There are so few natural products out there that are residual. Cedar oil sprays can be helpful, but most can’t be used on cats because they can cause respiratory problems.

There is an oral product, Capstar that seems to work well and the pesticide is supposed to leave the pets system within 24 hours. It is expensive, however and needs to be given every 3 days and there are no residual effects.

If anyone has any info on a good non-toxic way to get rid of the little pests, please comment.


















If anyone has any info on a non-toxic remedy that actually works, please comment!

So,What Are The Options?

April 26, 2011

Since we opened our new store in 2006 and began selling pet food, we decided to only carry grain free diets. At first there were only a limited number of foods that were on the market that were totally grain-free. In the past year or so it seems like more and more pet food companies are jumping on the band wagon. I, for one, am very glad that they are seeing the light. Dogs do not eat corn on the cob, rice or wheat as a natural part of their diet.

I love those pet food commercials where the corn and grains come cascading down making it seem like a good thing to put in the food. Cats, especially, don’t eat grains. They are true carnivores. If they had their choice…it would be MEAT.MEAT.and MEAT.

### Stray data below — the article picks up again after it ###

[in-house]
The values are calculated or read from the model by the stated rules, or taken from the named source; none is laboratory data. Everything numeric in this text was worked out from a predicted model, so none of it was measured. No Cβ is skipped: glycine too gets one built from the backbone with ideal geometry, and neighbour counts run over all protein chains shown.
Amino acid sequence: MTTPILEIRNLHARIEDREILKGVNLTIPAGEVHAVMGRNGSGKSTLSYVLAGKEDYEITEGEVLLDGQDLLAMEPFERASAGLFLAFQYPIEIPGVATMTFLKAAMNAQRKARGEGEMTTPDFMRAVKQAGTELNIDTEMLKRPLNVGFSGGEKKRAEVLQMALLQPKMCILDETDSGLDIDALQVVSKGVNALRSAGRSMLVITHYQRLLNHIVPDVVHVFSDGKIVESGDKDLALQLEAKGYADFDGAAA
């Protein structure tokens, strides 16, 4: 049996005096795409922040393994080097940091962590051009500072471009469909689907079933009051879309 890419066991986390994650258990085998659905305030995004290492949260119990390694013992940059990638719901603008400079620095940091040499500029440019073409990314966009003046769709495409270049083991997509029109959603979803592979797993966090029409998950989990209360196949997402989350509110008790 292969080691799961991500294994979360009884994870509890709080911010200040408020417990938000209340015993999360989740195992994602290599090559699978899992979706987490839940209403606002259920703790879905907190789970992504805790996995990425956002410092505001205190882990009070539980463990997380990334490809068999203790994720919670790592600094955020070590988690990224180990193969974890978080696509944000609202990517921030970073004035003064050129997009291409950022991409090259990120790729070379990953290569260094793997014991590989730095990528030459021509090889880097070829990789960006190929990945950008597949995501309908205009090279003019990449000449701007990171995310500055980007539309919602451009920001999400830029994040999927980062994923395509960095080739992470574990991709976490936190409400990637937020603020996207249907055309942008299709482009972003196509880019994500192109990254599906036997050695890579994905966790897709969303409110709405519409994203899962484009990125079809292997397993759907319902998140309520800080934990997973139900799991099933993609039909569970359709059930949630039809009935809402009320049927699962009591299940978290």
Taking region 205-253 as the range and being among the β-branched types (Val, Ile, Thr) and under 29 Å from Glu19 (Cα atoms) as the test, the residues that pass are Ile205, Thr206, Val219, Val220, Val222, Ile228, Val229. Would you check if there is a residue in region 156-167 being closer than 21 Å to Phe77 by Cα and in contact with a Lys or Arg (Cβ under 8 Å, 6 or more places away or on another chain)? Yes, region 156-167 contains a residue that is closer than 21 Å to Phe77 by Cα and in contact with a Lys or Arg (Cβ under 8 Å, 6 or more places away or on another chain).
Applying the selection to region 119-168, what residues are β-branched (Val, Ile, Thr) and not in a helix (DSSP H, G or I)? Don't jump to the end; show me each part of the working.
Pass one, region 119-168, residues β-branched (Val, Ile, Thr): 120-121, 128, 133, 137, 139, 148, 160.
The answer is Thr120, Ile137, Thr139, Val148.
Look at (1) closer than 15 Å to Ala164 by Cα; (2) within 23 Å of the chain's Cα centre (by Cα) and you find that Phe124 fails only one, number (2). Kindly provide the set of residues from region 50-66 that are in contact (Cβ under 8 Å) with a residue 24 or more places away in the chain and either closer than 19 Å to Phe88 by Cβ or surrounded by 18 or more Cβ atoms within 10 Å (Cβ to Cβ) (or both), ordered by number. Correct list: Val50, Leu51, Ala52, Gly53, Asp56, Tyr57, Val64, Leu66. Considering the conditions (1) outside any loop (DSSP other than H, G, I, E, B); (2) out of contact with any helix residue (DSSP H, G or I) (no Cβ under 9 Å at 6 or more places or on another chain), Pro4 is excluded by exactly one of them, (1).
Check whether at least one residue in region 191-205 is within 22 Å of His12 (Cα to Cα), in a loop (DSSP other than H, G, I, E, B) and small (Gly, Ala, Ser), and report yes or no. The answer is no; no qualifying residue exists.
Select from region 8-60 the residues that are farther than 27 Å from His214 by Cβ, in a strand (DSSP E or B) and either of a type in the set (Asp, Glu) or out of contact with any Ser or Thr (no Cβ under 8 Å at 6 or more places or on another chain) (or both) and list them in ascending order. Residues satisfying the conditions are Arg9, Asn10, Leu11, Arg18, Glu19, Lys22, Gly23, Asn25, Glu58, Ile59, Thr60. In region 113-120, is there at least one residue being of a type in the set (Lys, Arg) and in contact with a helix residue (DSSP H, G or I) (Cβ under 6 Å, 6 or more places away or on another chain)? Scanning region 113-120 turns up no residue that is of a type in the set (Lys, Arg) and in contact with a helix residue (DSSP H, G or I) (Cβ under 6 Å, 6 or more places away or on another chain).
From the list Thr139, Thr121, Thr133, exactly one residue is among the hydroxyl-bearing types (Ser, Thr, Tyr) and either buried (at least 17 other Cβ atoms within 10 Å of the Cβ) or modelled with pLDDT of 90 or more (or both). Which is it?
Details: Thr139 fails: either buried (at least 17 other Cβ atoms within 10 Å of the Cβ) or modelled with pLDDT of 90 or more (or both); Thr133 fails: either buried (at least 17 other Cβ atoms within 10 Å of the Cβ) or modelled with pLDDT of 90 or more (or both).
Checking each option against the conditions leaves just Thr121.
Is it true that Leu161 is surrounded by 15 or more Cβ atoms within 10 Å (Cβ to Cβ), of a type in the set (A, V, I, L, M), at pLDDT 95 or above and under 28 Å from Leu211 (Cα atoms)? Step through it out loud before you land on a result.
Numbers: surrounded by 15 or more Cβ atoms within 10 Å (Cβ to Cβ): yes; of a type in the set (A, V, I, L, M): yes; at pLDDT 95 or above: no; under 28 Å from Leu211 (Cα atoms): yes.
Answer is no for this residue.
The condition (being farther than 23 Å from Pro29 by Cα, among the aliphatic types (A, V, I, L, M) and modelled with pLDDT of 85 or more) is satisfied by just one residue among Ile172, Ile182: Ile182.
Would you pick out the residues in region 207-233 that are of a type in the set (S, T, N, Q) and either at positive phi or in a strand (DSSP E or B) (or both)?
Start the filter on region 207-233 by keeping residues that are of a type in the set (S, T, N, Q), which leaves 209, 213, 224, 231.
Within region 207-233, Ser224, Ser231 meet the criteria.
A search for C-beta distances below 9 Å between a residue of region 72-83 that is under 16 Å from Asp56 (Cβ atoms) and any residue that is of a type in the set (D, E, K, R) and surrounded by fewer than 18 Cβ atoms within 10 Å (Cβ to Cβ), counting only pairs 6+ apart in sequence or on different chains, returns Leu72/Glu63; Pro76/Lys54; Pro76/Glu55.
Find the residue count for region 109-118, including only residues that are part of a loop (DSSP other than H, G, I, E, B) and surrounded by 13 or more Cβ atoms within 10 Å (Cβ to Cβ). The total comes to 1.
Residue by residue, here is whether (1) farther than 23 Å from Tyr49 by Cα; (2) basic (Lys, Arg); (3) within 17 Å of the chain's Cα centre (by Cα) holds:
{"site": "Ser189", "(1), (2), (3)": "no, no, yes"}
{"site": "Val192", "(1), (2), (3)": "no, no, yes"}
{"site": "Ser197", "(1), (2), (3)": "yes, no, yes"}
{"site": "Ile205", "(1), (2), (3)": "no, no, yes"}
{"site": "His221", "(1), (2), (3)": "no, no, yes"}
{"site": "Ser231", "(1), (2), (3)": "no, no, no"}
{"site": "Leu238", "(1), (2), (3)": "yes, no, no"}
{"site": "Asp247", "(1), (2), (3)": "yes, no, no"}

If you have read our philosophy on grain-free feeding on our web site then you know how I feel about it. If not, please read it and you’ll see why.

In this blog I don’t just want to sell someone food, but give the options on diet and what to look for.

First there is price. Pet food that is mainly meat sourced is going to be more expensive. This is one of the reasons that many pet food companies pump their foods full of things not so good for your pet. It costs them less and they can sell it at a lower price than premium food. Sometimes, though, a food will have a higher price but is really low quality. Most foods sold at vet offices are very expensive, but offer little nutritional benefit. They just have a vet label on them and people assume that they must be good. Price , though can be paid in different ways. If you buy a better quality of food, chances are you’ll be spending less in vet bills later. Skin problems, ear infections, weight gain, diabetes are all usually direct problems from feeding a lower quality of food.

Ingredients: They first ingredient of any pet food should be a named meat protein. Look for beef or chicken or whatever protein is the main source. Just the word meat is not good enough. It can be beef or chicken meal….not meat meal. That could mean just about anything. Usually if a food just says meat, it means it is rendered and can be things such as skin and connective tissue.  There should be several sources of protein at the top of the ingredient list. Ingredients go by weight, so the more protein base the better.